Shell Oil

John Ryan / KUOW

Seattle planning officials say the Arctic drill rig at the Port of Seattle has to leave or get a new permit by June 4. 

The city issued a notice of violation to the Port of Seattle, Shell Oil and Foss Maritime on Monday afternoon.

The notice says the port's permit is only good for cargo ships, not oil rigs like the Polar Pioneer.

Are consumers really the ones to blame for Arctic oil drilling?
KUOW Photo/John Ryan

City inspectors with the Department of Planning and Development paid a visit to Shell’s Polar Pioneer oil rig within 24 hours of its arrival in Seattle.

They had a look around the rig, parked at the Port of Seattle’s Terminal 5, for possible permit violations on Friday.

As the energy giant Shell moves floating drill rigs from shipyards in Asia to Alaska's north coast, hundreds of kayakers took to the water in a flotilla of protest.
KUOW Photo/John Ryan

In some ways, this protest was like any other: banners everywhere, with messages like "Climate Justice" and "Shell No." 

But there were sounds you don't hear at the usual Seattle demonstration: Splashing and clanking sounds as boats moved through downtown waters.

Foss Maritime tugs pull the Polar Pioneer past downtown Seattle on the way to Terminal 5 on Thursday, May 14, 2015.
KUOW Photo/Gil Aegerter

Environmental activists in kayaks paddled into the middle of Seattle's Elliott Bay  on Thursday afternoon to meet -- or, as they say, "un-welcome" -- a huge Shell oil rig.

The arrival of the Polar Pioneer could raise the stakes in the battle over Shell's oil exploration plans in the remote Arctic Ocean.  

Seattle City Council members heard testimony on a resolution Tuesday urging the Port of Seattle to reconsider its controversial decision to host Shell Oil’s Arctic drill rigs.

The resolution warns that allowing Shell to use Terminal 5 in West Seattle will cause “disruption, division and direct conflict with the Port’s stated values and policies.”

The Shell Oil drilling rig Polar Pioneer arrived in Port Angeles weeks ago.
KUOW Photo/Gil Aegerter

The city of Seattle said Monday that a new permit is needed for Shell Oil's Arctic drilling fleet to dock at Terminal 5, a stance that could bring more conflict with the port.

Kayakers protesting the arrival of Shell's Polar Pioneer rig in Port Angeles in April
KUOW Photo/Joshua McNichols

It was the kind of David-and-Goliath moment that Greenpeace was looking for: Kayakers paddling out in their tiny craft to meet a mammoth oil drilling rig pulling into Port Angeles.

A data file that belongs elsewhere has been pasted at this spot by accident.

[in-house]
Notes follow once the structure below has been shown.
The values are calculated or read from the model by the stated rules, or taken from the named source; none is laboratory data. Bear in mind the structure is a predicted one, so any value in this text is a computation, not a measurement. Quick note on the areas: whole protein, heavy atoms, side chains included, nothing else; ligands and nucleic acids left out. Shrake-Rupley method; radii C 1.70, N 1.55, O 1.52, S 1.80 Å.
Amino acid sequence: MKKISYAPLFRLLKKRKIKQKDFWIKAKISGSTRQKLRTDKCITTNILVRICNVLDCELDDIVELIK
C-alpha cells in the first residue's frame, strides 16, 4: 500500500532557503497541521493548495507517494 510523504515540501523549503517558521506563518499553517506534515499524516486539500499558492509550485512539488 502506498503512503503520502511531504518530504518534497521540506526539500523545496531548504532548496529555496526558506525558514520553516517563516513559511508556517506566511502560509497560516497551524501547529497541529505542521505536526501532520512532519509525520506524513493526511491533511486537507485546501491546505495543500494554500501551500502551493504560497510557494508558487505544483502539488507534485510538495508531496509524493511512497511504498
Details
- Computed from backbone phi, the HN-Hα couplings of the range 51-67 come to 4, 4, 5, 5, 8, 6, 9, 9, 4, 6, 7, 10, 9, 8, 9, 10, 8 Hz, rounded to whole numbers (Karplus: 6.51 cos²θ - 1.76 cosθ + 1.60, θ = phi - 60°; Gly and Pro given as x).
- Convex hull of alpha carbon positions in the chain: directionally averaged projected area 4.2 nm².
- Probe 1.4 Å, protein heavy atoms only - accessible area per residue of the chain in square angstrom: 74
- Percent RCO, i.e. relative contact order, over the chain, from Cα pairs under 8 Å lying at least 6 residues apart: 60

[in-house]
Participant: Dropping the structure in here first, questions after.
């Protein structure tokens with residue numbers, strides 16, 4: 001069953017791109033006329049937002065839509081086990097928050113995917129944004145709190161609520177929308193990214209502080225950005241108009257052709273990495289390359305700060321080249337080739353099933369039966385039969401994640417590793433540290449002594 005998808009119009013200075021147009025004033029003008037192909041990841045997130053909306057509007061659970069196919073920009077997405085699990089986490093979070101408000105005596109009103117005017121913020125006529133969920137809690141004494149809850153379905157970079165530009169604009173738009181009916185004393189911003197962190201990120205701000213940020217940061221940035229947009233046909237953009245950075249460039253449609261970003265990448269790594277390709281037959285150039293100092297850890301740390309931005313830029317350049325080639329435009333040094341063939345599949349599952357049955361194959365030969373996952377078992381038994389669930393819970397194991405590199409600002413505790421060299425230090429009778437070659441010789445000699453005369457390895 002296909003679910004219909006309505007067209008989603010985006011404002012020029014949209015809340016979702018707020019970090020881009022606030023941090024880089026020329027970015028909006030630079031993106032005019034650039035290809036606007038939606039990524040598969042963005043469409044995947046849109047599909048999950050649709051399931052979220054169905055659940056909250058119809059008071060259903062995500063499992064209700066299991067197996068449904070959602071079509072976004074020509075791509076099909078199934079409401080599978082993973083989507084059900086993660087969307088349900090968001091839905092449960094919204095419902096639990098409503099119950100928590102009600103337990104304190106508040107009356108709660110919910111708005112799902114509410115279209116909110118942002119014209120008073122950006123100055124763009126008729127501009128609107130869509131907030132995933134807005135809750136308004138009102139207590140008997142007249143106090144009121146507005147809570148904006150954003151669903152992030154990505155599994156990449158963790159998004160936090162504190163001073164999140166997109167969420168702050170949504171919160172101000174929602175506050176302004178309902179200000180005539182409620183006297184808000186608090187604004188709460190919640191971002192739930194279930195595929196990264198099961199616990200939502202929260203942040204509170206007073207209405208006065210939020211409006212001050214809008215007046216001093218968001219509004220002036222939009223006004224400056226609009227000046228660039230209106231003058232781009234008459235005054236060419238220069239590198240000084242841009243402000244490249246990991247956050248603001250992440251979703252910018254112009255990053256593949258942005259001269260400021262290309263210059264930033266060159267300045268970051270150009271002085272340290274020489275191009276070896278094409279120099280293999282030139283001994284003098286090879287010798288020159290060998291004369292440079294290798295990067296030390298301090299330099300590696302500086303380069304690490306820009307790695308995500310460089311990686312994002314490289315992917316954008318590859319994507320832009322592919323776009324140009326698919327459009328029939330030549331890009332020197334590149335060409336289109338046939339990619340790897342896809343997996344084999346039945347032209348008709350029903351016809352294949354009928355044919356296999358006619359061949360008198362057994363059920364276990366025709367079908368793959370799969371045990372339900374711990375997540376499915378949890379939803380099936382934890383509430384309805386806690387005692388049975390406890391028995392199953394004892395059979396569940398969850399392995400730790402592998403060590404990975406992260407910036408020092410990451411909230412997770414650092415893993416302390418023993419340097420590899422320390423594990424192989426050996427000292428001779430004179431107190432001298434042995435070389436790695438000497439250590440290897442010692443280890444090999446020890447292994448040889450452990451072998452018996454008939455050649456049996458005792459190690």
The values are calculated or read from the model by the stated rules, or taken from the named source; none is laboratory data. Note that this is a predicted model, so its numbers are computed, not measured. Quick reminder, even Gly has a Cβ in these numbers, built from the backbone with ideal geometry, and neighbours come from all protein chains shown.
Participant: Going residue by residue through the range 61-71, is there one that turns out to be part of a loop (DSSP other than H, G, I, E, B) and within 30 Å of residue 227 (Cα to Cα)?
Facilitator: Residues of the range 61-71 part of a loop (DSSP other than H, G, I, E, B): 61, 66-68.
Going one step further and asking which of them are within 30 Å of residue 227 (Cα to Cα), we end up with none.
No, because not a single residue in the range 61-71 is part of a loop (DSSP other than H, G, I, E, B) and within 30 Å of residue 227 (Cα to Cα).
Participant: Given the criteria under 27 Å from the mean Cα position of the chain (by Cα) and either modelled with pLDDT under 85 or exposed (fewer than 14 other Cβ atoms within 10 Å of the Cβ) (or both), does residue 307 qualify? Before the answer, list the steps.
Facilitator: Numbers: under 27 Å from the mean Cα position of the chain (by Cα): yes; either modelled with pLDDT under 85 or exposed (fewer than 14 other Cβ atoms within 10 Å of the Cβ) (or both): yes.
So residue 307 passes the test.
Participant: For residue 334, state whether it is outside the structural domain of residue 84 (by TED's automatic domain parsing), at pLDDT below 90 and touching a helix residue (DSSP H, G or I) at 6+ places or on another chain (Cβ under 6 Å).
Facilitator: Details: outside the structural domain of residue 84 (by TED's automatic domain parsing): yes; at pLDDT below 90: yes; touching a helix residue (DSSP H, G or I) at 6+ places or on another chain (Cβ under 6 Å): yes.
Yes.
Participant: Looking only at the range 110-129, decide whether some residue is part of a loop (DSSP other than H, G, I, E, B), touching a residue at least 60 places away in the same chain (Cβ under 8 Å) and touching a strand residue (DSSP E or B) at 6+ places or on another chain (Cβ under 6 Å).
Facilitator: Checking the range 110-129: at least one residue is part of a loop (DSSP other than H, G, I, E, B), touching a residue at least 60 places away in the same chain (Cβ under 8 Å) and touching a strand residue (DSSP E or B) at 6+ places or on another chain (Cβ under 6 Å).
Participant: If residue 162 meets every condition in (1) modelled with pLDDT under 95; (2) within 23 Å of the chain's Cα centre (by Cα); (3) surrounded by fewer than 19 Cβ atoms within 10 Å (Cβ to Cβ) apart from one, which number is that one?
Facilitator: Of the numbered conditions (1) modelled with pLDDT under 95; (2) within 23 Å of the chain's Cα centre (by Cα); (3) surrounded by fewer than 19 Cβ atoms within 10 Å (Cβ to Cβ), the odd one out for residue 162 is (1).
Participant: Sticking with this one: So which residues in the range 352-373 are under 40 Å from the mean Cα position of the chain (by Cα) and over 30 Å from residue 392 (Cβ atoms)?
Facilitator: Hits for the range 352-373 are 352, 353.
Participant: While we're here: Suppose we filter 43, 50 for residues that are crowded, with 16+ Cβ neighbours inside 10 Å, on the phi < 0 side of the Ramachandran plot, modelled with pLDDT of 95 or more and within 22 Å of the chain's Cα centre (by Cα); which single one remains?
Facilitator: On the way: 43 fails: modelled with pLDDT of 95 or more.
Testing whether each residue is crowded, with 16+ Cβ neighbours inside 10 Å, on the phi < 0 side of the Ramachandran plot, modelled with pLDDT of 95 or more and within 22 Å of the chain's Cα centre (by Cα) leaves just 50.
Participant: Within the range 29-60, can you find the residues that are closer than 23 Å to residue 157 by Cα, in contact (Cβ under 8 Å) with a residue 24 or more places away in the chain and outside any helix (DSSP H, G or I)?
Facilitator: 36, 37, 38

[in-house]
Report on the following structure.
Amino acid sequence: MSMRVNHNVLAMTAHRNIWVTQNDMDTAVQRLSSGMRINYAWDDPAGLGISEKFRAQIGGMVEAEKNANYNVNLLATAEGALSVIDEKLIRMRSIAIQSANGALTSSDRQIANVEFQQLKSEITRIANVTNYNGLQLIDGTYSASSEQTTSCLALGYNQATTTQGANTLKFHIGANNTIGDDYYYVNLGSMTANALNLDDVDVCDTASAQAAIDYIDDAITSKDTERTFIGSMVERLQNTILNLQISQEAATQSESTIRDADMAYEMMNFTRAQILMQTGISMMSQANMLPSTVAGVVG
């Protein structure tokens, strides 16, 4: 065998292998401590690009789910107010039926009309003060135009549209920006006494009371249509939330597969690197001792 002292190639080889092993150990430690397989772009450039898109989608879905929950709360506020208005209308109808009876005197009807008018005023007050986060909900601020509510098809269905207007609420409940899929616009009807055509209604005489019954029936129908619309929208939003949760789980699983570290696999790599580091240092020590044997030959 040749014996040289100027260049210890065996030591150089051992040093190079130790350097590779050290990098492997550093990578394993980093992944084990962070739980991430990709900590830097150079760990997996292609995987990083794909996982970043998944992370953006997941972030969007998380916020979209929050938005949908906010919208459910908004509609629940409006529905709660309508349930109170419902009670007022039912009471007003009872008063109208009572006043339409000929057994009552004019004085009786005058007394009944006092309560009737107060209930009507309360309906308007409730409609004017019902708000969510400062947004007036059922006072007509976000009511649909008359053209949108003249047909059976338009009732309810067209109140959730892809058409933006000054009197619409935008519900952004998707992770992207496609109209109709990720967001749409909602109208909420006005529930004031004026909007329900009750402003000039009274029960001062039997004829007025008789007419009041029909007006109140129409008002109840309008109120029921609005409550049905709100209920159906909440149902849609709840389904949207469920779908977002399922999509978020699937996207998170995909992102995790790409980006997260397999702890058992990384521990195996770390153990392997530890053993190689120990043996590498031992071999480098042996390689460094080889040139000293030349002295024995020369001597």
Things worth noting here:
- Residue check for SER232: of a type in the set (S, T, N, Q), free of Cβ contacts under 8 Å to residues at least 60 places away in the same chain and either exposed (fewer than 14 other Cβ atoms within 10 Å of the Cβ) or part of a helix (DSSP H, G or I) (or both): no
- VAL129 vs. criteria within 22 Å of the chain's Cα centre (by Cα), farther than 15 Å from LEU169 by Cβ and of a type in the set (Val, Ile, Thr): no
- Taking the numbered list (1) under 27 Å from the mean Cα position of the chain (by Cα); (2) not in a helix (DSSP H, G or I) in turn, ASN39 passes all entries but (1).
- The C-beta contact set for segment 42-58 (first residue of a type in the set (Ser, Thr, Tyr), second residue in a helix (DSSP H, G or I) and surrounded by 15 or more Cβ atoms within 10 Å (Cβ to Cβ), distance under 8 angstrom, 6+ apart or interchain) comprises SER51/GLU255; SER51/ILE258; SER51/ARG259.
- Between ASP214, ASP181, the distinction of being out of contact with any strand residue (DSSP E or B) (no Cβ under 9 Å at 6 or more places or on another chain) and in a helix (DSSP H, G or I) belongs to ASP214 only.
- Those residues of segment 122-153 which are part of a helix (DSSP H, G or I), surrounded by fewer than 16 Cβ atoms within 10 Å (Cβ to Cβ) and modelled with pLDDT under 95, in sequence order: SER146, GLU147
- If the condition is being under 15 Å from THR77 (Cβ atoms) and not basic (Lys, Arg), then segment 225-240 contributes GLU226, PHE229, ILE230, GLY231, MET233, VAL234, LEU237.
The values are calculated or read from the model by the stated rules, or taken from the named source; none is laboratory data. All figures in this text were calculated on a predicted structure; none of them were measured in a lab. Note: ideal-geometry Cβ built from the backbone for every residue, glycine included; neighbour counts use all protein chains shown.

Shell Oil’s Polar Pioneer arrived aboard the carrier Blue Marlin at dawn Friday, in preparation for inspection before it’s brought to Seattle over the objections of environmentalists.

The Shell Oil drilling rig Polar Pioneer arrives off Port Angeles early Friday aboard the carrier Blue Marlin.
KUOW Photo/Joshua McNichols

A Shell Oil drilling rig at the center of environmental protests about oil exploration in the Arctic arrived off Port Angeles at dawn Friday on a trip that will eventually land it on the Seattle waterfront.

The Port of Seattle could soon host drill rigs and barges belonging to Shell Oil.

Earlier this month the Port Commission voted to lease Terminal 5 in West Seattle to Shell to moor and perform maintenance on drilling equipment during the winter months.

On Wednesday, EarthJustice and eight other environmental groups called on the port to reconsider its decision.

U.S. Coast Guard

Exactly a year ago, an oil rig being towed to Seattle ran aground on a remote island in the Gulf of Alaska. The New Year's Eve accident capped a year of trouble for Shell Oil in Alaska and in Puget Sound.

Shell is still seeking federal approval to drill in the Arctic, and a critical ship in Shell’s Arctic fleet is still sitting idle on the Bellingham, Wash., waterfront.

Flickr Photo/RVWithTito

On Thursday morning Shell Oil will be meeting with officials from a county in Washington state to talk about plans to build a rail extension to deliver oil from North Dakota to its refinery near Puget Sound.

KUOW/John Ryan

The Shell Oil Co. refinery in Anacortes, Wash., sprang a leak last week. Shell quickly shut down the equipment that was boiling oil to make gasoline, but the shutdown led to a release of toxic gases.

KUCB Photo/Stephanie Joyce

Interior Secretary Ken Salazar had some tough words for Shell Oil Thursday as he announced the results of an investigation into Shell's Alaskan accidents in 2012. But he did not announce the tough consequences that environmentalists were hoping for in the wake of Shell’s year of Arctic mishaps.

U.S. Coast Guard Photo/Petty Officer 1st Class Sara Francis

Shell Oil Co. has put Arctic drilling on hold. The company announced Wednesday that it will not attempt to drill for oil in the Arctic Ocean this year. The announcement comes after a year of accidents and setbacks for Shell’s Arctic drilling efforts.

Wikimedia Commons

UPDATE: Shell plans to use three tugs to tow the damaged Kulluk oil rig to Dutch Harbor in Alaska's Aleutian Islands, where it will await a longer trip to an unnamed Asian drydock. Shell and the US Coast Guard have disbanded the joint command formed after the Seattle-bound rig broke free from its sole tugboat, then ran aground. Officials said the Kulluk's outer hull was damaged but not breached. They did not specify the degree of damage, saying only, "The outer hull did receive damage as expected with a vessel being aground during adverse weather." 

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